Bruce and his team were writing all the episodes over the summer. You guys had the green light, I’m guessing, in the beginning of the summer or the spring?
Yeah, early last summer. I’m gonna guess off the top of my head, May, June. Yeah.
At that time, everybody thought that Hillary Clinton was going to win and that Donald Trump would lose the presidency. In your guys’ mind, what was the context of the selling point of the series at that point? Cause in theory, you would have said, “Oh, we’ve reached a new progressive high on November 8th, and we’re moving even more forward than we did with Barack Obama.”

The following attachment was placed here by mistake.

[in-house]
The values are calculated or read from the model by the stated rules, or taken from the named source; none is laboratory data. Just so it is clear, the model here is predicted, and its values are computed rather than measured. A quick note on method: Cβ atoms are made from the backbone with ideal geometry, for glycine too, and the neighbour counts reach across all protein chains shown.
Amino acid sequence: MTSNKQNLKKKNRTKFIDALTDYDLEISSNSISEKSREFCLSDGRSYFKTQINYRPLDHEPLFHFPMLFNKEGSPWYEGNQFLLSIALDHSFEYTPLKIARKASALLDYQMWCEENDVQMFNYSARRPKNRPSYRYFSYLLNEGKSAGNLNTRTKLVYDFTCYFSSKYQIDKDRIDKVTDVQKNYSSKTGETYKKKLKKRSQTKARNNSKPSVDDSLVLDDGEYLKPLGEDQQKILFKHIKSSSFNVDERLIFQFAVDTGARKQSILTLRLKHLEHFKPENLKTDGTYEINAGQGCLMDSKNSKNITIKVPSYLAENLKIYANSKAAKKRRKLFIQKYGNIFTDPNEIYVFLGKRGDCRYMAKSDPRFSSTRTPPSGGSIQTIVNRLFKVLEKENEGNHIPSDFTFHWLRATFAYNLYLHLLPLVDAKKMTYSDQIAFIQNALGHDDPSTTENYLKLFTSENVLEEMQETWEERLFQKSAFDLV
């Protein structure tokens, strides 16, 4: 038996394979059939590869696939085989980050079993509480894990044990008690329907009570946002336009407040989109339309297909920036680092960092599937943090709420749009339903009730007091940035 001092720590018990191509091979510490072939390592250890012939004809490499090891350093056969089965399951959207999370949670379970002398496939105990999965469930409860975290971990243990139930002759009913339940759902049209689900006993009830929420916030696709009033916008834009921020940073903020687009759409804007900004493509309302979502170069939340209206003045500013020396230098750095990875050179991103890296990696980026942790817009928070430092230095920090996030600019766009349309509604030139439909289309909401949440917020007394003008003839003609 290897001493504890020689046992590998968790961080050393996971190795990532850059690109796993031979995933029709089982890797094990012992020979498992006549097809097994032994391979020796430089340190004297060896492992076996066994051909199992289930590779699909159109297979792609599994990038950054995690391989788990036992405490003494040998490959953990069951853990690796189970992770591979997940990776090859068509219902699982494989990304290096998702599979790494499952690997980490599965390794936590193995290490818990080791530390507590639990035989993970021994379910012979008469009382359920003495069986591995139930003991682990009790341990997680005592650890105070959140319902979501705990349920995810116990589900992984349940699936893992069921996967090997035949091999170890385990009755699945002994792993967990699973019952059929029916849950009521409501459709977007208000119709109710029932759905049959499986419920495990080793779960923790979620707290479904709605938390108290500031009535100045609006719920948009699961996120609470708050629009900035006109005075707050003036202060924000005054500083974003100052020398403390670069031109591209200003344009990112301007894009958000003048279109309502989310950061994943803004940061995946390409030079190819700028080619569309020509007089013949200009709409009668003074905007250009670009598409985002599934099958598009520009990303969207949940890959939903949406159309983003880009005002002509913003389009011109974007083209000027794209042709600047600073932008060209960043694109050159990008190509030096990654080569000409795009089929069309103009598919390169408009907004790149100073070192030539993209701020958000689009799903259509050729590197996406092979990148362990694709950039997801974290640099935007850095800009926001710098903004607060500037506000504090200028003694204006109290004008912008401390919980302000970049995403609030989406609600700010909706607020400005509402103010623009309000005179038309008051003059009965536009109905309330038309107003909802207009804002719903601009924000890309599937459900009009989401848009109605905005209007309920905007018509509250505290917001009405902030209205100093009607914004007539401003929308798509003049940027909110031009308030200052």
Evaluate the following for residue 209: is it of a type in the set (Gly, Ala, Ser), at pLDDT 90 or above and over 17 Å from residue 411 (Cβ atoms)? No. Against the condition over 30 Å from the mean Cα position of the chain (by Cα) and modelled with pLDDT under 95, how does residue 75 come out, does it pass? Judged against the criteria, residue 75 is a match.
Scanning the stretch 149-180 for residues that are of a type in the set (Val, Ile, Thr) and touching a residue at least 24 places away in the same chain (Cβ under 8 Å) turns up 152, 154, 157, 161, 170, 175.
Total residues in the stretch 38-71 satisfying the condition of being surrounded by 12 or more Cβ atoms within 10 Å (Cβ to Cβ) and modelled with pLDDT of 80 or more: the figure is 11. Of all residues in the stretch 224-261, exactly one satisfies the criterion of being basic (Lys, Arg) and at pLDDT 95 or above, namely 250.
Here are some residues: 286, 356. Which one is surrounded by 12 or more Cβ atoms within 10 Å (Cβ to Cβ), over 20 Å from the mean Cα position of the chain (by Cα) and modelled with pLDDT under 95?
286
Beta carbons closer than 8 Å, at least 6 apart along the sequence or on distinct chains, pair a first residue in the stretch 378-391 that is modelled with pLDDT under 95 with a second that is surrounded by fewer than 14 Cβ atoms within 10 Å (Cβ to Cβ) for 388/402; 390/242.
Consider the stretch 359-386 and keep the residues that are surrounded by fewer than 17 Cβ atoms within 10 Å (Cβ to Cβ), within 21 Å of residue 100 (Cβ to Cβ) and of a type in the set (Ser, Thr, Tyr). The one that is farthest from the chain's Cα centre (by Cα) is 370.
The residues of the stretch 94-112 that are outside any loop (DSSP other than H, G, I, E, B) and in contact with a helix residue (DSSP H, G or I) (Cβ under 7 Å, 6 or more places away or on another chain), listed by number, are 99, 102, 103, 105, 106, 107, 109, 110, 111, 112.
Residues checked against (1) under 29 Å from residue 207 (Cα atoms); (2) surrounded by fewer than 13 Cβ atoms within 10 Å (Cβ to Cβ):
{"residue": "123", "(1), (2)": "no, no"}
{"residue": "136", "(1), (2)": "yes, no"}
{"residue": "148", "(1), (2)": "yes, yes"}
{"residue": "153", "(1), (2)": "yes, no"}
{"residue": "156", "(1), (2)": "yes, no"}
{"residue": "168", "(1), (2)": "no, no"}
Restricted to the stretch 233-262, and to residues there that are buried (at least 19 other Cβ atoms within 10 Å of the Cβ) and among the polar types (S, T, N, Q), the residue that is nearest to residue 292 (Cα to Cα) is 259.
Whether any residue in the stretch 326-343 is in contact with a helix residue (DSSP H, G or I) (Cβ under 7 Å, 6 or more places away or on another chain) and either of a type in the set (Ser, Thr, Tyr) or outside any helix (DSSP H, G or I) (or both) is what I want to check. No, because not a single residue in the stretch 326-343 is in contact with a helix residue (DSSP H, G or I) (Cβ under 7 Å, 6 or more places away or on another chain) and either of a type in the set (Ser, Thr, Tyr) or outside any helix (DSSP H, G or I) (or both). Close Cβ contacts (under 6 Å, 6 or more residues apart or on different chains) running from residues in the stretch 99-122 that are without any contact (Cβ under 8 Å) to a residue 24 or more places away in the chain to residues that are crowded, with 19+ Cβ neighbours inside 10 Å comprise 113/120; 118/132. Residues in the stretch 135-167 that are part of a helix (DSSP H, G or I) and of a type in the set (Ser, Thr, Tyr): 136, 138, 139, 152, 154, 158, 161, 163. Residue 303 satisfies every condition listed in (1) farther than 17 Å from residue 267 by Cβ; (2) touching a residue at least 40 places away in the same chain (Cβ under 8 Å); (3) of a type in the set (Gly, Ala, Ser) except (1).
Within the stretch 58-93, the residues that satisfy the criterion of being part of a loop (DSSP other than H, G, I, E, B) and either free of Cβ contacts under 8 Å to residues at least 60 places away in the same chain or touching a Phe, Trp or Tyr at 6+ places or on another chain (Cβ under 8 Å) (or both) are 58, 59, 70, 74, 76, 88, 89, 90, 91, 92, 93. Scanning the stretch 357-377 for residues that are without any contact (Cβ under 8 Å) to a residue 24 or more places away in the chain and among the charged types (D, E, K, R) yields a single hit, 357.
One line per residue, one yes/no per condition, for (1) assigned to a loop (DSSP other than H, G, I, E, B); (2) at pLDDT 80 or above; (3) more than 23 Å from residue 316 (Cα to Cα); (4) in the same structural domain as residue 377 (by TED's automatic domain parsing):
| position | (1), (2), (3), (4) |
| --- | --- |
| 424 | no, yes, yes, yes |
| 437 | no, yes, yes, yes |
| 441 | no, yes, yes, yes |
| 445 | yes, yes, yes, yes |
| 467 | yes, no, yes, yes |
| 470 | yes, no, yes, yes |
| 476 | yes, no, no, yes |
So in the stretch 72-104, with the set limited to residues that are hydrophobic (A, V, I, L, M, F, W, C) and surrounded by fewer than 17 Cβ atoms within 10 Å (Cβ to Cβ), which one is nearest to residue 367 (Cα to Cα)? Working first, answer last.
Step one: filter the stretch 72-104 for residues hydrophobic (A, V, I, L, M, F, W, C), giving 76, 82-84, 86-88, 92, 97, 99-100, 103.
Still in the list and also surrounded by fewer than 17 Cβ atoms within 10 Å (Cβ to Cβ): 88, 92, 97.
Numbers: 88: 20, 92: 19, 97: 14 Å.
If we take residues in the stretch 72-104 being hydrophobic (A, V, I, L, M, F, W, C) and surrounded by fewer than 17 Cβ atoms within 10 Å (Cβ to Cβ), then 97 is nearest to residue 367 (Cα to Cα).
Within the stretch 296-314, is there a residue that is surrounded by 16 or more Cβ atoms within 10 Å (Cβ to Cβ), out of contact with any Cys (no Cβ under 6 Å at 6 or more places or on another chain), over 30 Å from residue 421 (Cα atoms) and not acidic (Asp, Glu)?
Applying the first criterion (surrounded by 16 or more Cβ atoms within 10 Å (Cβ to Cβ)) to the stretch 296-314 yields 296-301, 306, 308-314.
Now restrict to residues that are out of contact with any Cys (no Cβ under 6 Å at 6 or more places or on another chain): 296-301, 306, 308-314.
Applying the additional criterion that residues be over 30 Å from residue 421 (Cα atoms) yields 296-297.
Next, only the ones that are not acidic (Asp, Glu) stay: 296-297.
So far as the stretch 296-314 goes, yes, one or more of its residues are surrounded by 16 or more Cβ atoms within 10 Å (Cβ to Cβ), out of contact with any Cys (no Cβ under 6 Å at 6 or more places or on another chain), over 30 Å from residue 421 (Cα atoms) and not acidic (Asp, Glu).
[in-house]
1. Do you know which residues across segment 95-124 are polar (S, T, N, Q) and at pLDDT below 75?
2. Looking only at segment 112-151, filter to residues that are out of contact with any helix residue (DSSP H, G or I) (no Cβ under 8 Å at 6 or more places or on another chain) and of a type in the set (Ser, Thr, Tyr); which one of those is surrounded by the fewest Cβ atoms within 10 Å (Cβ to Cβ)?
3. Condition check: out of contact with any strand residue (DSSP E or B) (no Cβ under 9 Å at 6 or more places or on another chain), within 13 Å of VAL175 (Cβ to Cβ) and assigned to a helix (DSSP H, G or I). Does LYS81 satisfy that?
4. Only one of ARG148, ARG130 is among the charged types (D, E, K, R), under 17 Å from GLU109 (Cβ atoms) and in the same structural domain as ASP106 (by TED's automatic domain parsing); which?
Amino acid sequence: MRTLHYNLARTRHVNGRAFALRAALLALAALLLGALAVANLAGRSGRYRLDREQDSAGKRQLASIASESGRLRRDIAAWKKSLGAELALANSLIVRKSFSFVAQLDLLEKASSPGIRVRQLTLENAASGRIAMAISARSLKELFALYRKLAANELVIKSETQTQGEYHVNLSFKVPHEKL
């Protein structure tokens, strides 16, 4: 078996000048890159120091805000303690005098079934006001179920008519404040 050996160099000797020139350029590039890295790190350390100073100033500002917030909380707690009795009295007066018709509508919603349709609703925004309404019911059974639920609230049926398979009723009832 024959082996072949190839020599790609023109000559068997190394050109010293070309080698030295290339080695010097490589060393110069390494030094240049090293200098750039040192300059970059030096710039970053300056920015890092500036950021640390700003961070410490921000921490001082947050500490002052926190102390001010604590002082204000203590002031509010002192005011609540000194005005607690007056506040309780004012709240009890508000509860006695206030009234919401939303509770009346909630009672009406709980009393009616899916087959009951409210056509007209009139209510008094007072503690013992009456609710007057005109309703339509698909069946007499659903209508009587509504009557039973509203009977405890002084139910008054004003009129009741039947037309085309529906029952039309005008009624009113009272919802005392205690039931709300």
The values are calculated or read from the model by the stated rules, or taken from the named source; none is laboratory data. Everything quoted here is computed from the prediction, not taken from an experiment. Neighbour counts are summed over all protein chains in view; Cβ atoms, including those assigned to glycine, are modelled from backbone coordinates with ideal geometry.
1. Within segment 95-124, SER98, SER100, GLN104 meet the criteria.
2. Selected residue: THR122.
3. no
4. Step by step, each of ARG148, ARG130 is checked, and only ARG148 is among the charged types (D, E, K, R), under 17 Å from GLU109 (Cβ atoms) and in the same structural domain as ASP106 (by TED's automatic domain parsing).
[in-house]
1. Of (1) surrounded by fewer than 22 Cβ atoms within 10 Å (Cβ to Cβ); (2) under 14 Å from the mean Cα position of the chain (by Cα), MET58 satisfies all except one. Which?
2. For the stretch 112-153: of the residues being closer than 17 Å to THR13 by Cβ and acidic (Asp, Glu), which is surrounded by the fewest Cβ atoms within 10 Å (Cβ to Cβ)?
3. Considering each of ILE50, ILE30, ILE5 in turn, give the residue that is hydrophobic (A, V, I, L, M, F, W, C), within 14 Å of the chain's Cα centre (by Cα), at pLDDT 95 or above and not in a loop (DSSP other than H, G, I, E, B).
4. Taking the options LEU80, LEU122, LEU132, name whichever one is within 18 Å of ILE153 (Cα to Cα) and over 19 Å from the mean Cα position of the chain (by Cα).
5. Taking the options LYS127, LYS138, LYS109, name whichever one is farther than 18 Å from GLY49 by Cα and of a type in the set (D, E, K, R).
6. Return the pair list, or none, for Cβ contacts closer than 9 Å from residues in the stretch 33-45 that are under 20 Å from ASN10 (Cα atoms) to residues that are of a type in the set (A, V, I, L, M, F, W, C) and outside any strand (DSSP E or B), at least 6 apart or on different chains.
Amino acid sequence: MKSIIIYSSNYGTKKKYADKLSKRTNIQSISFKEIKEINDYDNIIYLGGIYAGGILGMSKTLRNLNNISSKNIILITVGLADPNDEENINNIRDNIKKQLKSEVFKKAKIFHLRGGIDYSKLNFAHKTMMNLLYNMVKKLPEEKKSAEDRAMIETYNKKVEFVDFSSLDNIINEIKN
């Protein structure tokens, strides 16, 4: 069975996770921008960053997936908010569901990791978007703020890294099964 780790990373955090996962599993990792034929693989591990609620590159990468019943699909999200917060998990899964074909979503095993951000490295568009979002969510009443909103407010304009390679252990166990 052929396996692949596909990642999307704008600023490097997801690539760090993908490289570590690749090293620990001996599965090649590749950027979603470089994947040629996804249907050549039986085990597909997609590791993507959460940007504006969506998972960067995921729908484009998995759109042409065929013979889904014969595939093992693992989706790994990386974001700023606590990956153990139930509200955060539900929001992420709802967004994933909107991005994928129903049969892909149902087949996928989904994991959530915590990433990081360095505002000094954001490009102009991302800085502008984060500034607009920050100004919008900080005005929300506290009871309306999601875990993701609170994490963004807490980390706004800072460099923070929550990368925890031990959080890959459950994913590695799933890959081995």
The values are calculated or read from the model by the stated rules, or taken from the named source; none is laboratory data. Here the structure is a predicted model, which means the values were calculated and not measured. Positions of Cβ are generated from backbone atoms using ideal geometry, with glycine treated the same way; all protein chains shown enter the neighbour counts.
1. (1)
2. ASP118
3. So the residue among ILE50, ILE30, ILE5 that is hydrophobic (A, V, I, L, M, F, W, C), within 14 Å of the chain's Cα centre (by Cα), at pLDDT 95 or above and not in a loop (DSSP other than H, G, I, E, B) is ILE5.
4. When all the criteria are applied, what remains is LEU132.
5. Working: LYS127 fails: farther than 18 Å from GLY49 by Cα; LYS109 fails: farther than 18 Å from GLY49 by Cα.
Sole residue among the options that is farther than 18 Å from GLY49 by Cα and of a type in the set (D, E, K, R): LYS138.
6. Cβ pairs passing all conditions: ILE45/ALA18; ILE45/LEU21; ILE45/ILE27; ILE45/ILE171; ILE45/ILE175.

Look, the sun was setting on the two Barack Obama administrations — those two terms — but we had Brexit. We had a fierce rise of the alt-right in america and throughout the world. Those fires were really being fanned. And as we talk about it, Margaret’s book, many times in the past 32 years, would have been powerful and relevant and, in fact, it felt even with the anticipation of Hillary, it felt that we’re still, while we would have had a leader that would, for the first time, be a woman and would fight for women’s rights and funding, that battle, it was quite clear, was far from over. And so we knew that and felt that, and it felt incredibly relevant to us. And I think we felt a real responsibility to not screw up a brilliant dystopia that was created by Margaret that could resonate in the world. And then we were in production in Toronto and we woke up in November and it was, “Holy shit. We’re part of a Trump administration. How does that happen”? And then I think, in many ways, it pulled us even closer, if that’s possible, as a team of producers and actors and in what we felt: [an] even greater responsibility to not screw up what this conveyed. And we kind of watched in horror, and then quickly dove into the task of executing the show.